Breathing — it’s something I never really paid attention too, I disregarded it as something our bodies just “do”.
Yet, to my surprise, a few years ago, when I began my meditation journey — I noticed one thing that was ubiquitous to all the guides.
Concentration on breath.
“Breath is the bridge which connects life to consciousness, which unites your body to your thoughts. Whenever your mind becomes scattered, use your breath as the means to take hold of your mind again.”
I discovered that there are actually as many ways to breathe as there are foods to eat. And each way we breathe affects our bodies in different ways.
We tend to “over-breathe”.
What’s considered normal today is anywhere between a 12 and 20 breaths a minute, with an average intake of about 0.5 litres or more of air per breath. For those on the high end of respiratory rates, that’s about twice at much as it used to be. Breathing too much can raise blood pressure, overwork the heart and lull our nervous systems into a state of stress.
For the body to function as peak efficiency we need to breathe as closely in-line with our metabolic needs as possible. For the majority of us that means breathing less.
But that’s harder than it sounds.
We’ve become conditioned to breathe too much, just as we’ve been conditioned to eat too much. With some effort and training, however, breathing less can become an unconscious habit.
For me, the perfect breath is this:
Inhale for about 5.5 seconds, then exhale for 5.5 seconds. That’s 5.5 breaths a minute for a total of about 5.5 litres of air.
You can practise this perfect breathing for a few minutes, or a few hours. When we breathe like this, breathing practitioners suggest that circulation in the brain and body will increase while the burden on the heart decreases. All the while the diaphragm will drop lower and rise higher, allowing more air to enter the lungs and assisting in pushing blood throughout the body. For this reason, the diaphragm is sometimes referred to as “the second heart”, because it not only beats to its own rhythm but also affects the rate and strength of the heartbeat.
Some of the subtle things I’ve noticed and appreciate when focusing on my breath:
It’s anchored in the present moment
The breath always offers an opportunity to establish a felt connection with what is happening right here and right now. If your mind is truly focused on breathing, it’s impossible to simultaneously ruminate about the past or daydream about the future, which research has shown often leads to feelings of anxiety and unhappiness. A grounding into the present moment allows us to feel more joyful and in sync with the world around us, and the breath is the best tool to get there.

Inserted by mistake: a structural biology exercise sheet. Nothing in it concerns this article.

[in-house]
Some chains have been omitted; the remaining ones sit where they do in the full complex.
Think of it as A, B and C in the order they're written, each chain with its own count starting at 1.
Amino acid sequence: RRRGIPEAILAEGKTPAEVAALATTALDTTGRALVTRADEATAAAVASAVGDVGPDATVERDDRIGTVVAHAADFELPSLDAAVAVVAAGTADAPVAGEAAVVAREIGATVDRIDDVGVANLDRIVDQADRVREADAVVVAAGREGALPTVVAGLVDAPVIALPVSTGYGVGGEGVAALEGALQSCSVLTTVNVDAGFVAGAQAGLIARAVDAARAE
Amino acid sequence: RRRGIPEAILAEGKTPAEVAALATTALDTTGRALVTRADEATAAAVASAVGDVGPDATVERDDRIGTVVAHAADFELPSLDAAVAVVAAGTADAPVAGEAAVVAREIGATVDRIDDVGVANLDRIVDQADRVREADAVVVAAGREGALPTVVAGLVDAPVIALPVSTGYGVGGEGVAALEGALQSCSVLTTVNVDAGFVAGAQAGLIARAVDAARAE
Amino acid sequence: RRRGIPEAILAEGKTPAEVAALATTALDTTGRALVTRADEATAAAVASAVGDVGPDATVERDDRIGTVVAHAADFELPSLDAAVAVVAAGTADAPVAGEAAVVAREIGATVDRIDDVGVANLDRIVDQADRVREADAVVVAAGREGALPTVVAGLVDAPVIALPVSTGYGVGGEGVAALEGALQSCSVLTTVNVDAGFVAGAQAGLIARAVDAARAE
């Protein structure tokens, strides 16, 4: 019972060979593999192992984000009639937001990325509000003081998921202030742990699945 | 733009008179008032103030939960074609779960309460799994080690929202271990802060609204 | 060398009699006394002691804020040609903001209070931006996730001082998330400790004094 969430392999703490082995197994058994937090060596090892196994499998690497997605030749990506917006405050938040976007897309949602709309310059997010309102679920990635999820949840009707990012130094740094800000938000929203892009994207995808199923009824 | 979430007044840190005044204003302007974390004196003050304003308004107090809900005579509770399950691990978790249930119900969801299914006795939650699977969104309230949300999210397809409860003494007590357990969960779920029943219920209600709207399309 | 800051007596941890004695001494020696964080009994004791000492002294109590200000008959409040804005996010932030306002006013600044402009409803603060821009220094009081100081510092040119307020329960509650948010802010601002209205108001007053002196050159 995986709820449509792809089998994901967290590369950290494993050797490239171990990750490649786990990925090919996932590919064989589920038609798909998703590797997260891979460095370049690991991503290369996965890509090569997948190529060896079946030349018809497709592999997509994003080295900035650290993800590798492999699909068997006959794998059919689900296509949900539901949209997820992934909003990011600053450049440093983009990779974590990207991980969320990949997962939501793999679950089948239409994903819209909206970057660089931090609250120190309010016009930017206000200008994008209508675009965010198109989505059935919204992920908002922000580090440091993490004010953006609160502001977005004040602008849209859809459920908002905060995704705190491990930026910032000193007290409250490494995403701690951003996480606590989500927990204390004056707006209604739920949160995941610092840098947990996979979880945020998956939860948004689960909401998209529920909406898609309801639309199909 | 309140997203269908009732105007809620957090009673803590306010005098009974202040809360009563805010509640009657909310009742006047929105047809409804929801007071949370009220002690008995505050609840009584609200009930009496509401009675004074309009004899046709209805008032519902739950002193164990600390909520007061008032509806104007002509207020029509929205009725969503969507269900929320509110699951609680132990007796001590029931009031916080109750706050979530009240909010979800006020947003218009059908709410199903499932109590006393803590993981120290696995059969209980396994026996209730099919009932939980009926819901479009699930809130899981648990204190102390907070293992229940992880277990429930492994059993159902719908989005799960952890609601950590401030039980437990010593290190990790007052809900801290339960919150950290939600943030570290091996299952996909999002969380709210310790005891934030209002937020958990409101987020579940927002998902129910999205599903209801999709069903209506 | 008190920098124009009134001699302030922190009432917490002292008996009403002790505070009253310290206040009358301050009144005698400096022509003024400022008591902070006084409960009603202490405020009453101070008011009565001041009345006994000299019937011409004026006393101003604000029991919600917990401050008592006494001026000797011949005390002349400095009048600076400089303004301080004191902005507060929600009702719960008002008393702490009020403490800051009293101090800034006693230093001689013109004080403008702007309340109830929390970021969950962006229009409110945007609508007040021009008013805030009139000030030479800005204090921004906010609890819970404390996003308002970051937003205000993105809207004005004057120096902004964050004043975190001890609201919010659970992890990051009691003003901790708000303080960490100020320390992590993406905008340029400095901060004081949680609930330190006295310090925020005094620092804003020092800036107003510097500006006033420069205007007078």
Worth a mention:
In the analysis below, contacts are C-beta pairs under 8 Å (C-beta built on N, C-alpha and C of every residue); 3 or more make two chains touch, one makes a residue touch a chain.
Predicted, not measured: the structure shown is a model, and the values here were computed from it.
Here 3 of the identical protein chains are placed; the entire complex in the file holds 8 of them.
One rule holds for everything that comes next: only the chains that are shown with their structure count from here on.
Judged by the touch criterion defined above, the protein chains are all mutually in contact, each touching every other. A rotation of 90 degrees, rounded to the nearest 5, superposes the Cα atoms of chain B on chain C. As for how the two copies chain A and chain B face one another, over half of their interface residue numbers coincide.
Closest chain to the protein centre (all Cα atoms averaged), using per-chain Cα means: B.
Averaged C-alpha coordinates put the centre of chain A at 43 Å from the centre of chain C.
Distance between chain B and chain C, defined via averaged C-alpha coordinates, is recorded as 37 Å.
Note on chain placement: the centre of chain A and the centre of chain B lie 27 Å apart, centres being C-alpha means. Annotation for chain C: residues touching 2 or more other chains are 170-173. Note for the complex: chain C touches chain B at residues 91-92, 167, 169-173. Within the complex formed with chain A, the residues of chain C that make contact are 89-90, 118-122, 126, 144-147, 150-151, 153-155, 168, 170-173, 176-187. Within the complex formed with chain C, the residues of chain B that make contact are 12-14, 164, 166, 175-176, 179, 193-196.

It’s always available
From the moment you’re born until the moment you die, you should have breath. In a way, meditation is the art of developing a relationship with your breath that invites forward the qualities of balance, focus, and peace of mind. In doing so, your breath can become your superhero, jumping in to save the day when your mind is struck with negativity.
Your breath is your brain’s remote control
There is a direct and well-studied biochemical relationship between your breath and your brain. By placing your focus on your breath, you can manually hack your brain to create altered states of consciousness. It’s fascinating when you think about it. Just by consciously choosing to direct your awareness to your inhales and exhales (which is always happening anyway), you can actually flip the switch of your brain’s circuitry to shift from the Sympathetic Nervous System (Fight or Flight) to the Parasympathetic Nervous System (Rest and Digest).
It’s your mental signpost
Another intriguing discovery meditators often come to is that the way we breath in any moment is a striking reflection of the way our minds are behaving. If you find that your breath is shallow, fast, and uneasy, chances are very high that your mind is feeling stressed out (as is the case when you’re feeling scared or frustrated). Next time you’re having an argument or feel anxious about an upcoming deadline, notice what your breath looks like and you’ll likely find that there’s an asymmetry to its natural flow. The opposite is just as true. If your breathing is slow, easy, and deliberate, your mind is likely nice and settled (as when you’re reading a good book or listening to gentle music). Pay attention to how fluidly your breath flows the next time you’re feeling super relaxed.
This was the ninth post in my latest challenge to write daily. I’m working on developing my communication skills, and making my writing more personable, and enjoyable for anyone who takes the time to read. If you made it to the end, thank you for spending the time!16